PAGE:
• This makes it harder for just anyone to call your function.

When prompted, choose Add to workspace.

  • Visual Studio Code creates the PowerShell function app project in a new workspace.
  • This project contains the host.json and local.settings.json configuration files, which apply to all function in the project.
  • This PowerShell project is the same as a function app running in Azure.

Azure Functions Core Tools integrates with Visual Studio Code to let you run and debug an Azure Functions project locally. To debug your function, insert a call to the Wait-Debugger cmdlet in the function code before you want to attach the debugger.

Press F5 to start the debugging process.

Most of you might get this error. Click Cancel. We need to fix this in order to go ahead.

Go to File –> Preferences –> Settings

Search for PowerShell and select PowerShell Configuration.

Scroll down to find these two settings. Power Shell Default Version and Power Shell Exe Path. In the first one, write ‘PowerShell Core 6’ and in the latter one, write the path as ‘C:Program FilesPowerShell6pwsh.exe’. The settings will be automatically saved.

Close the settings and press F5. This time the debugging would be done successfully. Copy the URL endpoint of your HTTP-triggered function.

Go to the PowerShell terminal which would be running by default. If it is not running, you can start a new one by clicking the + sign.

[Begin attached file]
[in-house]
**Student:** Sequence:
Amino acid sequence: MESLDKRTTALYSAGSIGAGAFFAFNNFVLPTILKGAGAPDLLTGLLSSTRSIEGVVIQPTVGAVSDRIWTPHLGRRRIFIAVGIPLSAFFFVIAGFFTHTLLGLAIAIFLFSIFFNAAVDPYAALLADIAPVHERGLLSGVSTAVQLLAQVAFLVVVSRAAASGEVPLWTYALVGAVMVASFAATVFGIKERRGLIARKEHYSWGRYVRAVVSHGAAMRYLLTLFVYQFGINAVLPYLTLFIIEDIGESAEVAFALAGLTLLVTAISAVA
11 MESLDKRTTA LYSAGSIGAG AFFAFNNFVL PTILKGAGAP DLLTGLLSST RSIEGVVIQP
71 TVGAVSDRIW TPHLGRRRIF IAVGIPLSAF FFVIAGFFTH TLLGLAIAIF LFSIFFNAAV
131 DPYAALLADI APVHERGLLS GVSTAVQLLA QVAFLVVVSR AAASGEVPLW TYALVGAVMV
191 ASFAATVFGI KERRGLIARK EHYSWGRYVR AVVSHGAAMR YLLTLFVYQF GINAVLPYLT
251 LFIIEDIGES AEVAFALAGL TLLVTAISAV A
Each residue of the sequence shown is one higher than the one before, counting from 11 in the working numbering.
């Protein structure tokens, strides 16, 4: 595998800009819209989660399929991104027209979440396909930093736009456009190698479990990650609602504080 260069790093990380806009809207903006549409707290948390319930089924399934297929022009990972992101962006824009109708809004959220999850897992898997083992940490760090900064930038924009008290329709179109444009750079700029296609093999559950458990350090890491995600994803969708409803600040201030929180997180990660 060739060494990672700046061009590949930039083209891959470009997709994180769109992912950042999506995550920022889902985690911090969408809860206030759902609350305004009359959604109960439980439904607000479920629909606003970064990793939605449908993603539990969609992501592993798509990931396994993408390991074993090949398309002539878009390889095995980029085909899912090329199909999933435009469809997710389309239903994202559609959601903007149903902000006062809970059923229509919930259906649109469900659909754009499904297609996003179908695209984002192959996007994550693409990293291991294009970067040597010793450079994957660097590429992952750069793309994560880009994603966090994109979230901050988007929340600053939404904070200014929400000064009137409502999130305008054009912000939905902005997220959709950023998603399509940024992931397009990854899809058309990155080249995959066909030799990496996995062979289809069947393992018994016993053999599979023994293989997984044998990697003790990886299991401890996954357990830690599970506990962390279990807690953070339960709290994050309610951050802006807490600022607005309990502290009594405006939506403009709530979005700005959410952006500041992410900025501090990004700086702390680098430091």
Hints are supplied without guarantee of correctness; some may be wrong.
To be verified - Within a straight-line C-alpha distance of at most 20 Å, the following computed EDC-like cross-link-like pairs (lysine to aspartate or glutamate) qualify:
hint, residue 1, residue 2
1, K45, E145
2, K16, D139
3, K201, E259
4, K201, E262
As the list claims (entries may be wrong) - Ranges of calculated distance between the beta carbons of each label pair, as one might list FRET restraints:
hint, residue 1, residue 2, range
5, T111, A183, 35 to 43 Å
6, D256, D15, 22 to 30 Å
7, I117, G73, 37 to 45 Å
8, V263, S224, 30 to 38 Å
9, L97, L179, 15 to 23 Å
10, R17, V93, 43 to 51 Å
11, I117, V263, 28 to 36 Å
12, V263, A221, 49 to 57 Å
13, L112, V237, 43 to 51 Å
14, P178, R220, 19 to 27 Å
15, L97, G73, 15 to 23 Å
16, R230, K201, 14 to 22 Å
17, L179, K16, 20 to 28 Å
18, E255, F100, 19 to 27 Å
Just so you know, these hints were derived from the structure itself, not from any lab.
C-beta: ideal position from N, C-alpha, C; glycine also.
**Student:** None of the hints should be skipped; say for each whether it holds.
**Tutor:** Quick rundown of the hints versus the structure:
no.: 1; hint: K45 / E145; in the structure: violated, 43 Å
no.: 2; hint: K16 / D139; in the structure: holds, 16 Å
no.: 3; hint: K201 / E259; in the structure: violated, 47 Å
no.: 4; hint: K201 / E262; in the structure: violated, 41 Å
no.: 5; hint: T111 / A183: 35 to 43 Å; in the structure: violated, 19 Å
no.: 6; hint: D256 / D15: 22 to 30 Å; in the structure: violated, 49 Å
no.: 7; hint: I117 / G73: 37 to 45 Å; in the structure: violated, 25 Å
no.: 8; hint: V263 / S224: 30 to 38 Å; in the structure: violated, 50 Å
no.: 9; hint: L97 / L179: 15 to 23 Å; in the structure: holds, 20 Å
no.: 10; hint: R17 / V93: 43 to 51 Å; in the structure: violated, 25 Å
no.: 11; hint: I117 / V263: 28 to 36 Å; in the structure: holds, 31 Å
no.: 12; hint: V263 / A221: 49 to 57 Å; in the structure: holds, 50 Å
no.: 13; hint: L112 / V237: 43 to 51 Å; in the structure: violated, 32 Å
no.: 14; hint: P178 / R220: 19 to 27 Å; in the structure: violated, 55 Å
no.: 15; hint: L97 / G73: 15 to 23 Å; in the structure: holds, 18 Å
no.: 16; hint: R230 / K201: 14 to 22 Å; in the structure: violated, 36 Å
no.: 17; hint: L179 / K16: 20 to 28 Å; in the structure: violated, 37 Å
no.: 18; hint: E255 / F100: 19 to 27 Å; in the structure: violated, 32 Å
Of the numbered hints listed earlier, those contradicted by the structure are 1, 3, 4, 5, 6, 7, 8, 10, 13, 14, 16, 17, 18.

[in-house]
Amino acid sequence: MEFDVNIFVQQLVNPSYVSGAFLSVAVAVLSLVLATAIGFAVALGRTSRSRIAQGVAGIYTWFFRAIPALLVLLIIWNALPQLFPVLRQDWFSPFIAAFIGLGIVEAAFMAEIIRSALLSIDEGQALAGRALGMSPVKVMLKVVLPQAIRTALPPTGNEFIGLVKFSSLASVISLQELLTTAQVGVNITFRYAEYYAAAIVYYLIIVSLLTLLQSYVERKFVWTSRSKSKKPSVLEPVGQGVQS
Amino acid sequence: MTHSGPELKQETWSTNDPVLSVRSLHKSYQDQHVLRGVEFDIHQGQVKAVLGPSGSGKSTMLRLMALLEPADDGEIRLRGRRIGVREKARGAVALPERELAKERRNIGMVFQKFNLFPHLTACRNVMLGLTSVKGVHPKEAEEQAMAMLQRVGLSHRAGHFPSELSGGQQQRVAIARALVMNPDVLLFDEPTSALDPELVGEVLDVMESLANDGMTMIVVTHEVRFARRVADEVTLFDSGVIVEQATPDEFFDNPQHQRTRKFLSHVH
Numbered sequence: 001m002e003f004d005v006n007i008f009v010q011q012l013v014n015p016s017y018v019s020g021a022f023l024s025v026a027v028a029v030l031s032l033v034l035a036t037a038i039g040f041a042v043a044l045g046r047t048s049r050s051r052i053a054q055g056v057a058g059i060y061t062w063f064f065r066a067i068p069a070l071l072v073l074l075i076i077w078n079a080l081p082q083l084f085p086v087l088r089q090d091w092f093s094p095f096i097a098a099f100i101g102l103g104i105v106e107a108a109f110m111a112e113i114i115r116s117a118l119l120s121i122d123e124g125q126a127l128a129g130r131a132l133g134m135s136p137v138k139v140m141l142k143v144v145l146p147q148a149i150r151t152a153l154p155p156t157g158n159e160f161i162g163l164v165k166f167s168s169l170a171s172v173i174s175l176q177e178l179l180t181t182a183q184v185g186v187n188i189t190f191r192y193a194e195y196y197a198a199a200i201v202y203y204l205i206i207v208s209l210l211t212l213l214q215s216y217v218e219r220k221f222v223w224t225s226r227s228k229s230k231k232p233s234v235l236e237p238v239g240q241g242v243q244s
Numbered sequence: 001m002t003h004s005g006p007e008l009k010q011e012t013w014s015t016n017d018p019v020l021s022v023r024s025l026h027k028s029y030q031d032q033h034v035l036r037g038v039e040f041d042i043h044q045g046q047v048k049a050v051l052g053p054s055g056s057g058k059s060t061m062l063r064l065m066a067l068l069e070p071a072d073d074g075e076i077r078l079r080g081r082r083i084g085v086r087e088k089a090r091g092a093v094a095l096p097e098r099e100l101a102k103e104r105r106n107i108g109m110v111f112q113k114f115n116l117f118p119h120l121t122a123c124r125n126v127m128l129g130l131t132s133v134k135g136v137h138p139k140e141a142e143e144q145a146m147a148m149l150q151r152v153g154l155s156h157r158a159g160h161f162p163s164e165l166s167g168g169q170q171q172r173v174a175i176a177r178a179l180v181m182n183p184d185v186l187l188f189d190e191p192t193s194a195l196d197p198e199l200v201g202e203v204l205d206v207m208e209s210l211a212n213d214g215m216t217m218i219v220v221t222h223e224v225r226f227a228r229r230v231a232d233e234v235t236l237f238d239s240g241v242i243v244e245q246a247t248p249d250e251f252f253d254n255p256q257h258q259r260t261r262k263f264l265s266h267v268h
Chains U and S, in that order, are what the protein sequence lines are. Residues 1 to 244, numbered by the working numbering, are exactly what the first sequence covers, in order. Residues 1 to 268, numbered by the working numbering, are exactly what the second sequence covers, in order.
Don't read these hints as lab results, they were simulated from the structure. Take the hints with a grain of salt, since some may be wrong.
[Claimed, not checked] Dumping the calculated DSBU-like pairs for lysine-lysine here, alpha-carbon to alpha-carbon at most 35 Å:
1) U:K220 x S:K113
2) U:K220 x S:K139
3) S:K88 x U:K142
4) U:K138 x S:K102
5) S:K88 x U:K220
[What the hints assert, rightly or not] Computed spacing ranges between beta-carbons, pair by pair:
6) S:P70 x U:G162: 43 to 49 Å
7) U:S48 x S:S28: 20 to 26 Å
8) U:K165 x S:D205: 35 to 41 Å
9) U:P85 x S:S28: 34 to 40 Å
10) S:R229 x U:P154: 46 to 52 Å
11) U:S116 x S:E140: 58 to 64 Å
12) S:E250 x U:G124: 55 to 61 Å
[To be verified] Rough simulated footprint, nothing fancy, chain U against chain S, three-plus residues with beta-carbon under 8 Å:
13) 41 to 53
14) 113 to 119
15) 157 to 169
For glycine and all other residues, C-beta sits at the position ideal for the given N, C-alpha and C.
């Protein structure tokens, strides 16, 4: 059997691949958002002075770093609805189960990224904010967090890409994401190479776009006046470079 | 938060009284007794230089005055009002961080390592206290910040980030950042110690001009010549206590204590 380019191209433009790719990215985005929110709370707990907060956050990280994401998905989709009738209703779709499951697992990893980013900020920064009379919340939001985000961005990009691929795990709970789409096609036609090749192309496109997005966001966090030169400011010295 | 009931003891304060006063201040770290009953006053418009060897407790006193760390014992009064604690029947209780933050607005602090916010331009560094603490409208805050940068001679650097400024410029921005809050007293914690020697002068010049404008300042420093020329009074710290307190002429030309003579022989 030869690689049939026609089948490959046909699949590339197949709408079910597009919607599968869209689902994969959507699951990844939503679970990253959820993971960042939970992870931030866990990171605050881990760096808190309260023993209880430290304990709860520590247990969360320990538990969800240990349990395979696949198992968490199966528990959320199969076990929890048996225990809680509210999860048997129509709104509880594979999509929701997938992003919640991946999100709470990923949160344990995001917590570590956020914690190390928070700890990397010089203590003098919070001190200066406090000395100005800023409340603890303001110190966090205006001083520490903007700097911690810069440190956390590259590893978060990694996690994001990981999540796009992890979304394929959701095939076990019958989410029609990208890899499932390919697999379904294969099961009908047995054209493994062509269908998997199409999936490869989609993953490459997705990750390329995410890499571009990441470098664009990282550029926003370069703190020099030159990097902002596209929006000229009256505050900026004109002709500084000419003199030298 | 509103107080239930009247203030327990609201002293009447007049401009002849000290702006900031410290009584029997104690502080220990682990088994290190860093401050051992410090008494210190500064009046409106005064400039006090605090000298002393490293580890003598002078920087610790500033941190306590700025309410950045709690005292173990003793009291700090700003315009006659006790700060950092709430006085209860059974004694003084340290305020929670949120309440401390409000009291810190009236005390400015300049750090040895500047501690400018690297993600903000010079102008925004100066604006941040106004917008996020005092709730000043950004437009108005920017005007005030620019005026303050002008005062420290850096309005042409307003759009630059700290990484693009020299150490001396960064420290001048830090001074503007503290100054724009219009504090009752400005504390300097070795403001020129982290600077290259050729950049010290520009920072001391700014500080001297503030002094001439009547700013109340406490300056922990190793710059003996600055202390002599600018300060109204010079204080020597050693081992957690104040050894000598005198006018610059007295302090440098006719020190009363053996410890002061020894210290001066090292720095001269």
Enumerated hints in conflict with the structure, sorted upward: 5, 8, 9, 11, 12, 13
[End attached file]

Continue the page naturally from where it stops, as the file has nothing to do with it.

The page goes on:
Append the query string ?name= to this URL, and then use Invoke-RestMethod to execute the request, as follows.

Click Continue.

Since we have placed the Wait Debugger, it will pause there. You can hover the cursor over $name and see that the value has been stored. Click Continue.

In the PowerShell terminal, it will return with the message ‘Hello PowerShell’.

And in the Task terminal, it will return this.

  • You can also execute the GET request from a browser.
  • When you call the HttpTrigger endpoint without passing a name parameter either as a query parameter or in the body, the function returns a 500 error.
  • When you review the code in run.ps1, you see that this error occurs by design.
  • To stop debugging, press Shift + F5.


  • After you’ve verified that the function runs correctly on your local computer, it’s time to publish the project to Azure.

Remember to remove any calls to Wait-Debugger before you publish your functions to Azure.